Fuqua’s Shown to be Real Home-Loving Family

The New Orleans Item Sunday; January 27, 1924 (Pp. 1, 3; Section 2)

Mrs. Fuqua Gives First Interview
Evidences Pride In Telling of Her Family
Reared Together
Too Busy in Home To Learn Bridge, Mah-Jongg

The following article, upon Henry Fuqua, his home life and his family, is the first of a series of three stories by a member of The Item’s editorial staff. The other two will appear during the week.

“Mr. Fuqua and I have known each other ever since we were born right around the corner from each other in this neighborhood. And we’ve loved each other all the time although I don’t suppose we knew it till we were twelve—anyway,” and Mrs. Henry L. Fuqua, of Baton Rouge, laughed and blushed as she spoke.

She blushes delightfully. That was one of the first things we noticed about her, after we had chased her around for almost 30 hours. She did her best to avoid being interviewed and she didn’t tell us this about herself and her husband until we had talked with her for three hours.

She didn’t want to be interviewed she said, first because the election hadn’t been decided yet, although she admitted on pressure that of course she knew the outcome was sure. Second, because she was a busy woman and had so many engagements, —and then she hastened to contradict herself, saying that she was indeed busy, but it was about her household affairs, and that she wasn’t a giddy-gaddy woman. Third, because it wasn’t seemly to talk to a newspaper reporter until her husband had told her she should.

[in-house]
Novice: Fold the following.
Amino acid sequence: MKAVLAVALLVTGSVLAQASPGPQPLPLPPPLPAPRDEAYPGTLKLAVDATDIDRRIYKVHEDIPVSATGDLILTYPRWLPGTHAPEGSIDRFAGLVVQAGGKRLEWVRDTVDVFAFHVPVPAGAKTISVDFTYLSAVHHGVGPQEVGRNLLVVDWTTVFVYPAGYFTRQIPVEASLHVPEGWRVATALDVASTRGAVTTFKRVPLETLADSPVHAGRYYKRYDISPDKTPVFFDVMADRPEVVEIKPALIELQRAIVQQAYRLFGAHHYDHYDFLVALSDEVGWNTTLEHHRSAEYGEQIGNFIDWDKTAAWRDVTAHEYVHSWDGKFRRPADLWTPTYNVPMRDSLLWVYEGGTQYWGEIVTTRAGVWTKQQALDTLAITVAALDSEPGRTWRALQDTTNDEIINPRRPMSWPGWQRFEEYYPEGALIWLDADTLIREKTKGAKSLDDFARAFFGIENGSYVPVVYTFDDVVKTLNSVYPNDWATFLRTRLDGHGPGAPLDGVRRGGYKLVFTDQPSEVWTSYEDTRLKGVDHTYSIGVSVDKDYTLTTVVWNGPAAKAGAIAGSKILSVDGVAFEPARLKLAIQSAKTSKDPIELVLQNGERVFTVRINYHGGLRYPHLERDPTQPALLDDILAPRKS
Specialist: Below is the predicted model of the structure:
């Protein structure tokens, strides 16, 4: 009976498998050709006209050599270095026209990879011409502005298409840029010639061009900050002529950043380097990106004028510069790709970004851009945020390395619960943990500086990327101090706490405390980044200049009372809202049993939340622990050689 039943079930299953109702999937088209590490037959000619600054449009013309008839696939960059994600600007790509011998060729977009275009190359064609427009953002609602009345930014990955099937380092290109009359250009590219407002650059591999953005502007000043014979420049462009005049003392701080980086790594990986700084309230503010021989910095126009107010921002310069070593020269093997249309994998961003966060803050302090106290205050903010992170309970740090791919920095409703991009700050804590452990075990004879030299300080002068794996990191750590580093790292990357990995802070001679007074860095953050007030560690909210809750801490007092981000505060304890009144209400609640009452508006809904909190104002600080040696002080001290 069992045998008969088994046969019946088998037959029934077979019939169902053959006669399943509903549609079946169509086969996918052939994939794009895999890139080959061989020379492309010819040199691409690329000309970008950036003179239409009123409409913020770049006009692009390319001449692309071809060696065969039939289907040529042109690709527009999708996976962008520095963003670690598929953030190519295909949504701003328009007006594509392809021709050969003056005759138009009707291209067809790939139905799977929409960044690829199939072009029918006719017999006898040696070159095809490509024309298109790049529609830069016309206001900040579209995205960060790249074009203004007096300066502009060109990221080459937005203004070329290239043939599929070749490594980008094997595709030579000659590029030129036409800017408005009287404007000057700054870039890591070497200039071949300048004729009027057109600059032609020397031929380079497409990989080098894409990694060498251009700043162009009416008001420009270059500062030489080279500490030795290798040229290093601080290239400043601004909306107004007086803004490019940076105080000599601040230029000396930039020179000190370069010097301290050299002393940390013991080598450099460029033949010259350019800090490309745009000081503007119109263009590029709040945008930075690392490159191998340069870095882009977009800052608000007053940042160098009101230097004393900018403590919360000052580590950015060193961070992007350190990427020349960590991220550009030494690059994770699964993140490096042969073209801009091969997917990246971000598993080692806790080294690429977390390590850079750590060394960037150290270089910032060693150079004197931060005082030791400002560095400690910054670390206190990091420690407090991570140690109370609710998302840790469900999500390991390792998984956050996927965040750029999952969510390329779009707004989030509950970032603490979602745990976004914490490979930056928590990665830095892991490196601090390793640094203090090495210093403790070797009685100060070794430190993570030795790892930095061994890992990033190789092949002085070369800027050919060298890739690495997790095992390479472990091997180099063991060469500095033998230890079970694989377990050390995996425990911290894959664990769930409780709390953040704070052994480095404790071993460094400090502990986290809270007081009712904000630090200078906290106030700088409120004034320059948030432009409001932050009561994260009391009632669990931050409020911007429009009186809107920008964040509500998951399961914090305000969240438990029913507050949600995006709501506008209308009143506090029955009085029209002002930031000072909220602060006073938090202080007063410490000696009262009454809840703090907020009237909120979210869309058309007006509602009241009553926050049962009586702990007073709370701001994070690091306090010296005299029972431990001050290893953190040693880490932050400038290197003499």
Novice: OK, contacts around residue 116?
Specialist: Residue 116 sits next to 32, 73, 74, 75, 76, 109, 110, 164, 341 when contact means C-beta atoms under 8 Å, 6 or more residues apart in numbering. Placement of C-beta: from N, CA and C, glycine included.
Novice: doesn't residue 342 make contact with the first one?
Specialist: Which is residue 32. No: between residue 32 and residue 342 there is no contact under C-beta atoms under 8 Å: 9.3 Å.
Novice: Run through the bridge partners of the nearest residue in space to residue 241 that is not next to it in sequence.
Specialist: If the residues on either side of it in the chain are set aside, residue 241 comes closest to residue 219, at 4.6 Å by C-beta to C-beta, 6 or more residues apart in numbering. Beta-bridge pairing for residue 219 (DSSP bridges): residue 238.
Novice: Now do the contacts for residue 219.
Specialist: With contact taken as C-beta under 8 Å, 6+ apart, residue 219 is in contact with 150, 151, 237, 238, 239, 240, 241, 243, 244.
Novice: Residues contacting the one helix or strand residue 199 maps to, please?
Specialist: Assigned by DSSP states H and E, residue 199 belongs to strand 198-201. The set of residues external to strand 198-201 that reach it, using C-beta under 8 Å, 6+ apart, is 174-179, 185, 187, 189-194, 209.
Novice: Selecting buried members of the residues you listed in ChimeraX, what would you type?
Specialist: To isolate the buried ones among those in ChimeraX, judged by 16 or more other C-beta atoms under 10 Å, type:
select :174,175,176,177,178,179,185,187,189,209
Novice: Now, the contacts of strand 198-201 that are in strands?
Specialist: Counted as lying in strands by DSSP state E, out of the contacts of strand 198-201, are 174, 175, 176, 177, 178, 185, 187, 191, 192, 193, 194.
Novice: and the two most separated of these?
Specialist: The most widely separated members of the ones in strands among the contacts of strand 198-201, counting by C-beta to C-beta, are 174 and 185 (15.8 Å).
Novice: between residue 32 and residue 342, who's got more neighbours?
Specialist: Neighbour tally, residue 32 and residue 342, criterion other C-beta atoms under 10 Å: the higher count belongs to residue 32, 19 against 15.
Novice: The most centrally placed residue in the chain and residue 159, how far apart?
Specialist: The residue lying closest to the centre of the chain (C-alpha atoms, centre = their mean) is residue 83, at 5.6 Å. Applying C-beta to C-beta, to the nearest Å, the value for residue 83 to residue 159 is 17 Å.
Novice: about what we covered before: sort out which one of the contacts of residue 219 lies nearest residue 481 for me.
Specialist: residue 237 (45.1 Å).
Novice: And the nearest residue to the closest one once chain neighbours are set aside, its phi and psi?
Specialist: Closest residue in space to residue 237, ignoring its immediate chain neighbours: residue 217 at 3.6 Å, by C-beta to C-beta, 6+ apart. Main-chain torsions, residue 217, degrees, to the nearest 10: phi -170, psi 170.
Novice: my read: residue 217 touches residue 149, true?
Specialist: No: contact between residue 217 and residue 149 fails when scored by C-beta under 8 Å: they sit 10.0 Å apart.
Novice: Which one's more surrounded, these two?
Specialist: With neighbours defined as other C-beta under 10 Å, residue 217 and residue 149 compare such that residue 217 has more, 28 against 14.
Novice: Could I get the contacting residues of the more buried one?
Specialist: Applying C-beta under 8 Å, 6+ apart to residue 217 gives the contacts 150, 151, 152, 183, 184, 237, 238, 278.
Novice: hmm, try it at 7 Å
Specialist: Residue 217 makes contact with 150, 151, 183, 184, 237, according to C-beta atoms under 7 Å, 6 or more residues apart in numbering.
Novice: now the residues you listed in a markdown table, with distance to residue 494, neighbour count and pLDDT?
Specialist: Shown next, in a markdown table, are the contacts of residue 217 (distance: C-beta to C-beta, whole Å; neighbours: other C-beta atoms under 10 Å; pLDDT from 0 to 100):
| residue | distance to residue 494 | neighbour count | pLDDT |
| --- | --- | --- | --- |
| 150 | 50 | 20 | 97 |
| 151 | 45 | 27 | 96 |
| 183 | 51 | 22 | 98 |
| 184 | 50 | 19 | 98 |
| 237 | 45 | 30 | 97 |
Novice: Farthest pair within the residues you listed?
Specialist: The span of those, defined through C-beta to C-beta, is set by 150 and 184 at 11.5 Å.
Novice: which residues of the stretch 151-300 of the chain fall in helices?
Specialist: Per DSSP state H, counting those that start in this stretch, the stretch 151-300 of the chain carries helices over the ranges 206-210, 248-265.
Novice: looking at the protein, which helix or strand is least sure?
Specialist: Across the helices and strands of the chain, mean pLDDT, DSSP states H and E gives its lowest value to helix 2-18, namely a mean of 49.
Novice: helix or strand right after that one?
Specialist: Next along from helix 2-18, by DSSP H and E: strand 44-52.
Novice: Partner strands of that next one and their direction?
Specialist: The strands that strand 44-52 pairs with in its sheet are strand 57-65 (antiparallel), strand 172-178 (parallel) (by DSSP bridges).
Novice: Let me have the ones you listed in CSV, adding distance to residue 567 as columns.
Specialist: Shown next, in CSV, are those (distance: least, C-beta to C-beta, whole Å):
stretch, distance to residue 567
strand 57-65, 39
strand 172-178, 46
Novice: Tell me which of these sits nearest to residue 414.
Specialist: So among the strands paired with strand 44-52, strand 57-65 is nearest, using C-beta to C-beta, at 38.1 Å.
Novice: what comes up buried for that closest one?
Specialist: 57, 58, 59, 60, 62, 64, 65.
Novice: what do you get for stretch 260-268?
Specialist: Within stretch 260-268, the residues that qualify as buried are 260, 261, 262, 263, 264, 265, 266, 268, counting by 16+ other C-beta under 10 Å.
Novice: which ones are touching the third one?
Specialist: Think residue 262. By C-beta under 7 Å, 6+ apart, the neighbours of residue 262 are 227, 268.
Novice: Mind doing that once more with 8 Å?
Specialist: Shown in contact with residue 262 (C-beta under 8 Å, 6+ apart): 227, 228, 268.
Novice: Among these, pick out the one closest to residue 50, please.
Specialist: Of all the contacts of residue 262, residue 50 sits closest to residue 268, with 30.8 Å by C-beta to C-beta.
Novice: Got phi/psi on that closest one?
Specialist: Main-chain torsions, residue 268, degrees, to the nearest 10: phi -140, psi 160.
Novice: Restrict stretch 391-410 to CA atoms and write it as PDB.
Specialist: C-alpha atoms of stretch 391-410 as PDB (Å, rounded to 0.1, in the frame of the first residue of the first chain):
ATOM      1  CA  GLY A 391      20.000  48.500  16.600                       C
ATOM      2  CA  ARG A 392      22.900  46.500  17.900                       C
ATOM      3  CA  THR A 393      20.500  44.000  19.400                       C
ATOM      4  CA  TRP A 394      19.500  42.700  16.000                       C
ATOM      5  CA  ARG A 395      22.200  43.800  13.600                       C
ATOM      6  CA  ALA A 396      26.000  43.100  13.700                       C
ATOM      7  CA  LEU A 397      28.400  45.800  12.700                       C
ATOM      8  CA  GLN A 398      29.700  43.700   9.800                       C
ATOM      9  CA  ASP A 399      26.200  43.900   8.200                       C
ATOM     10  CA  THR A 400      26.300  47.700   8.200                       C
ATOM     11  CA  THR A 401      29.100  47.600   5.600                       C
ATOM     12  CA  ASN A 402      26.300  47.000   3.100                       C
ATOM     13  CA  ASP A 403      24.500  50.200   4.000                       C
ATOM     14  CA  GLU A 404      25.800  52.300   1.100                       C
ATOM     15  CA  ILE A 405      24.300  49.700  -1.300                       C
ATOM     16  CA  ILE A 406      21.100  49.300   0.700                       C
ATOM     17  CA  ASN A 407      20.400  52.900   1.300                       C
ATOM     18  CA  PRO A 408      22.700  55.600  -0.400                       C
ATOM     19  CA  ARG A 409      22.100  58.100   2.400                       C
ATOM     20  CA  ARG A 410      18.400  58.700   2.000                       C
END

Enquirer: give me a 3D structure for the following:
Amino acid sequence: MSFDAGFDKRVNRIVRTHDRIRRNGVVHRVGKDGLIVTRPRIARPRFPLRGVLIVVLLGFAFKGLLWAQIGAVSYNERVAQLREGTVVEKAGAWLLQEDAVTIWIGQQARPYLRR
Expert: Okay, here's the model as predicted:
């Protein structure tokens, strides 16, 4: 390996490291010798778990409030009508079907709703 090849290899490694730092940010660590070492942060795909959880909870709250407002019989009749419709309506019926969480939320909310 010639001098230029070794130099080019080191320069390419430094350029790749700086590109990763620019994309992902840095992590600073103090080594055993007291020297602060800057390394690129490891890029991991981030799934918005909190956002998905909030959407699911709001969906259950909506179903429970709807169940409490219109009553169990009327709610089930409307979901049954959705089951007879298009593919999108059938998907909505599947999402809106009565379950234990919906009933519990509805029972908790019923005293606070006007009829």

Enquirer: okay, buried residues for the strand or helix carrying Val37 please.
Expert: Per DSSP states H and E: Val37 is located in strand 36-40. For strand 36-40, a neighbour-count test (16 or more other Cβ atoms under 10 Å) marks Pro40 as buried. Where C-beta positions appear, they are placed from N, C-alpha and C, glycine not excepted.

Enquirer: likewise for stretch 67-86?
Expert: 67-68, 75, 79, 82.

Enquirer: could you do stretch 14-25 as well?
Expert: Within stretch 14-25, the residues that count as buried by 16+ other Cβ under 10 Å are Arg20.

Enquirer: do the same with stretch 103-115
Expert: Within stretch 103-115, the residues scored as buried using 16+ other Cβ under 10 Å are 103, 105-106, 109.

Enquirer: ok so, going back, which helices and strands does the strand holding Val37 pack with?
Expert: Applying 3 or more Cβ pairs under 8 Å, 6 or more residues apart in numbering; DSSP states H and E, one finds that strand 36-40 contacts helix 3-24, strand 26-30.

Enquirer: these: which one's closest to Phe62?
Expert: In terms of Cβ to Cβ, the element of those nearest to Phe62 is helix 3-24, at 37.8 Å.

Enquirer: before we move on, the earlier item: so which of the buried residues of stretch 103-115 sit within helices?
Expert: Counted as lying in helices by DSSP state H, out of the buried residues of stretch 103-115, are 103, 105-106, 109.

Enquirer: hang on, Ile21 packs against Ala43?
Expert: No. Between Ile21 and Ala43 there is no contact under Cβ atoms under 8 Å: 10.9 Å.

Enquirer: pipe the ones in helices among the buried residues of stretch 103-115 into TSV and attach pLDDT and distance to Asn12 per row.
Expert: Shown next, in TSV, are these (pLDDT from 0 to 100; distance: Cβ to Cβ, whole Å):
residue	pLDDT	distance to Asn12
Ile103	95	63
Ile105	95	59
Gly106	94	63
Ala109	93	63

Finally, when we had reached the ear of Mr. Fuqua and he had laughingly persuaded his wife to help us out, she admitted that she didn’t like the idea of talking to the press—“not nervous exactly, but just sort of fluttery.”

Mutual Confidence Established

When eighteen-year-old Henry junior, who had come out to the porch with his mother to see if the mail had come, squeezed her arm and assured her of his own nervousness when called upon to face the dean, for instance and we assured her that we were not quite so brazen as we seemed, what with telephoning her and pursuing her all around town, mutual sympathy and confidence was established all around.

Nunky, a horribly scarred and brazen fox terrier was not so sure about the confidence, however. He sniffed around suspiciously and then leering out of his rheumy old eyes, turned and scampered into the house at the heels of his young master.

“You really must excuse Nunky’s appearance,” apologized Mrs. Fuqua. “He’s thirteen years and he will fight, and not long ago while we were at the receiving station of the penitentiary with Mr. Fuqua, he got into an awful battle, although it was Sunday, and he won although he doesn’t look it, does he? He’d like to say ‘you should have seen the other fellow’” she laughed.

Mrs. Fuqua is a middle-sized woman, chubby, but not stout, she was neatly dressed in a black and white sport skirt, grey sport sweater with pale yellow embroidered collar and cuffs. Her feet were neatly shod in black patent leather, and her silk-clad ankles are slim.